Here’s specifically what’s wrong with using a male-to-male extension cord:
• Even people who think they know what they’re doing could get hurt or killed. For instance, do-it-yourselfers who use protective equipment for their home projects could wrongly assume that their protective gloves are sufficient to handle the plug, Sargent says. “The gloves are most likely not a properly voltage-rated garment,” he says. And people could trip over a male-to-male extension cord and expose the live end, leaving them and others vulnerable to shocks or electrocution. “We can’t guarantee how people are going to handle these out in the real world,” Sargent says. “It’s inherently unsafe.”
• They place utility workers at risk of shock and electrocution. Electricity fed by male-to-male extension cords can flow from the house back to the utility lines on your street and potentially shock or kill those essential workers. “Our workers, having every reason to believe they are working on ‘dead’ lines, would be exposed to this hazard,” says Allan Drury, a spokesperson for Con Edison, the New York City-based utility.
• They’re a fire hazard. If your generator is attached to your home and actively running at the same time that the municipal power comes back on, you’ve got electricity coming from two power sources at once, explains Misha Kollontai, the engineer who tests generators for Consumer Reports. “Two independent sources of power can create an overload on your electrical system,” he says. “Plus, your circuit breaker won’t protect you if you plug too much into the outlets on the same circuit as the generator. Either situation is likely to start a fire.”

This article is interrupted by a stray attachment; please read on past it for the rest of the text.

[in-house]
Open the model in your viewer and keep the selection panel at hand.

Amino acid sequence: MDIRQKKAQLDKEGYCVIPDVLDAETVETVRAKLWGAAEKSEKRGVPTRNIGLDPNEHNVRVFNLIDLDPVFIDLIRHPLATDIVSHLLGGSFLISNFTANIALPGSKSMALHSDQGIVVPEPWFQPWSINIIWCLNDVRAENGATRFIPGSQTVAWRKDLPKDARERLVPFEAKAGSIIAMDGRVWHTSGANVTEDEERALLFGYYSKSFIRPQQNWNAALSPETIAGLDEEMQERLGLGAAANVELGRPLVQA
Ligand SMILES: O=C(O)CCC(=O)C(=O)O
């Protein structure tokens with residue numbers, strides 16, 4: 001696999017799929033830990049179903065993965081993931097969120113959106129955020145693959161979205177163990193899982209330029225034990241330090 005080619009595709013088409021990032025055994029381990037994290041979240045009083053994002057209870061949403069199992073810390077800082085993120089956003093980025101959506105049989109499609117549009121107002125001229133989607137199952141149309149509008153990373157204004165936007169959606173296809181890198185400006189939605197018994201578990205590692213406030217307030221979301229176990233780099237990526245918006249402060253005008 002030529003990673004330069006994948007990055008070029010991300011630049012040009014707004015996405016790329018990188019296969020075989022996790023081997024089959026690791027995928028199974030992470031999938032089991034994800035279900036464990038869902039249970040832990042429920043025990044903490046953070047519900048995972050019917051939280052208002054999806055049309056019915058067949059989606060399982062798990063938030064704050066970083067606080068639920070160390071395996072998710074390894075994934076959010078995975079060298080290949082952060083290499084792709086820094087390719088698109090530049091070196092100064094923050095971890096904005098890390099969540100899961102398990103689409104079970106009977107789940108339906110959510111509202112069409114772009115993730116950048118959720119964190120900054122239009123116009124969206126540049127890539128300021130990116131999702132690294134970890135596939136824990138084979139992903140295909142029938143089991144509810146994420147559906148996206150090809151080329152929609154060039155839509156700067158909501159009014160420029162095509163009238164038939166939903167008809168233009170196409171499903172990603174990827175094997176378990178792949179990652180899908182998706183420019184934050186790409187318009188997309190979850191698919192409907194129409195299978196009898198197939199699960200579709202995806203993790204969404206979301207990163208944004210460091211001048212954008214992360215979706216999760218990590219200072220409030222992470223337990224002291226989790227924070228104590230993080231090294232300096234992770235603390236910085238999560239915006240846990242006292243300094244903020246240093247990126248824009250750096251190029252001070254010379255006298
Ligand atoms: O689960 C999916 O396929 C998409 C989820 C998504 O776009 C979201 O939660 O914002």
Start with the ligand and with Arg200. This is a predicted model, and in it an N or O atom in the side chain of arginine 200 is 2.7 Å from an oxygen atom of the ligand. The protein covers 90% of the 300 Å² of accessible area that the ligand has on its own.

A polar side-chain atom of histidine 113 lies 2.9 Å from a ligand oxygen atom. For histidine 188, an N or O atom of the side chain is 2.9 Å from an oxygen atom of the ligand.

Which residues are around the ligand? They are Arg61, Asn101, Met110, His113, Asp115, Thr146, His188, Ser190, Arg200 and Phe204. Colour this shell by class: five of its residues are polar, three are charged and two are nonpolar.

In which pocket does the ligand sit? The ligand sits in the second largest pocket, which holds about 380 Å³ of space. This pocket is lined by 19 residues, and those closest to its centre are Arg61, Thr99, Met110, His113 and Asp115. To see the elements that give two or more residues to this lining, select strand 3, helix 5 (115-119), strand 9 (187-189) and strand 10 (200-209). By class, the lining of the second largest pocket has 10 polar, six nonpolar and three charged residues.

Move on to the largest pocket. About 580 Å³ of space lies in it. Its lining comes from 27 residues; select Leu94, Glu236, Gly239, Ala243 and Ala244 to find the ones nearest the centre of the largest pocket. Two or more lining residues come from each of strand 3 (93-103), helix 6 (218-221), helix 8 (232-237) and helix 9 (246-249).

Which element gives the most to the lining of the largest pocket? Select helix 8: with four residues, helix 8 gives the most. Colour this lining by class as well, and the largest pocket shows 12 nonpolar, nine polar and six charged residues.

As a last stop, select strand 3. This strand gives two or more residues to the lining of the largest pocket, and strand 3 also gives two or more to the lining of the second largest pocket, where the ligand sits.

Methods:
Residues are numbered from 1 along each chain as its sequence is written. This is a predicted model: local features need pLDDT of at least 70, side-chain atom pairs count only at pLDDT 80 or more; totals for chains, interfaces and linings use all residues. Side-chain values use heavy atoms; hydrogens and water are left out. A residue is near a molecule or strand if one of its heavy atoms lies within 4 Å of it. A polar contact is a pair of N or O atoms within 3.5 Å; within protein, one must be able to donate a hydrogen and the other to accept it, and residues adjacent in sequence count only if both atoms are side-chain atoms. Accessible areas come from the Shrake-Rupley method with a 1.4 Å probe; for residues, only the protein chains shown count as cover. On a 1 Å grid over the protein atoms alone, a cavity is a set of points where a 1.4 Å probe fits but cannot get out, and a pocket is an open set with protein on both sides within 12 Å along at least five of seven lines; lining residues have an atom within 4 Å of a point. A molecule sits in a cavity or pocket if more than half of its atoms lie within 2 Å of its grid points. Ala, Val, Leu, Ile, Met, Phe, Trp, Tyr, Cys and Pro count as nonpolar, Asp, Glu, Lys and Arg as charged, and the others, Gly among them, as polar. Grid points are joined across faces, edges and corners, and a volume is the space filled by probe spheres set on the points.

• Your generator will probably get destroyed. When the municipal power comes back on, you also risk burning out your generator, Sargent says. “When there are competing sources of electricity, the power grid is going to burn out the internal workings of the generator,” he says. “You’re setting your generator up for failure.”
• You put your household at risk of carbon monoxide (CO) poisoning. The Consumer Product Safety Commission recently warned against the purchase, use, and sale of male-to-male extension cords, but highlighted a few it found on Amazon that were just a few feet long. A cord that short would require placing the generator very close to the house, which is dangerous, the CPSC stated. The odorless, colorless CO that portable generators produce is toxic and can kill within minutes. In fact, it kills about 85 Americans a year. That’s why the CPSC and Consumer Reports recommend placing a portable generator at least 20 feet outside a house, with the exhaust pointing away.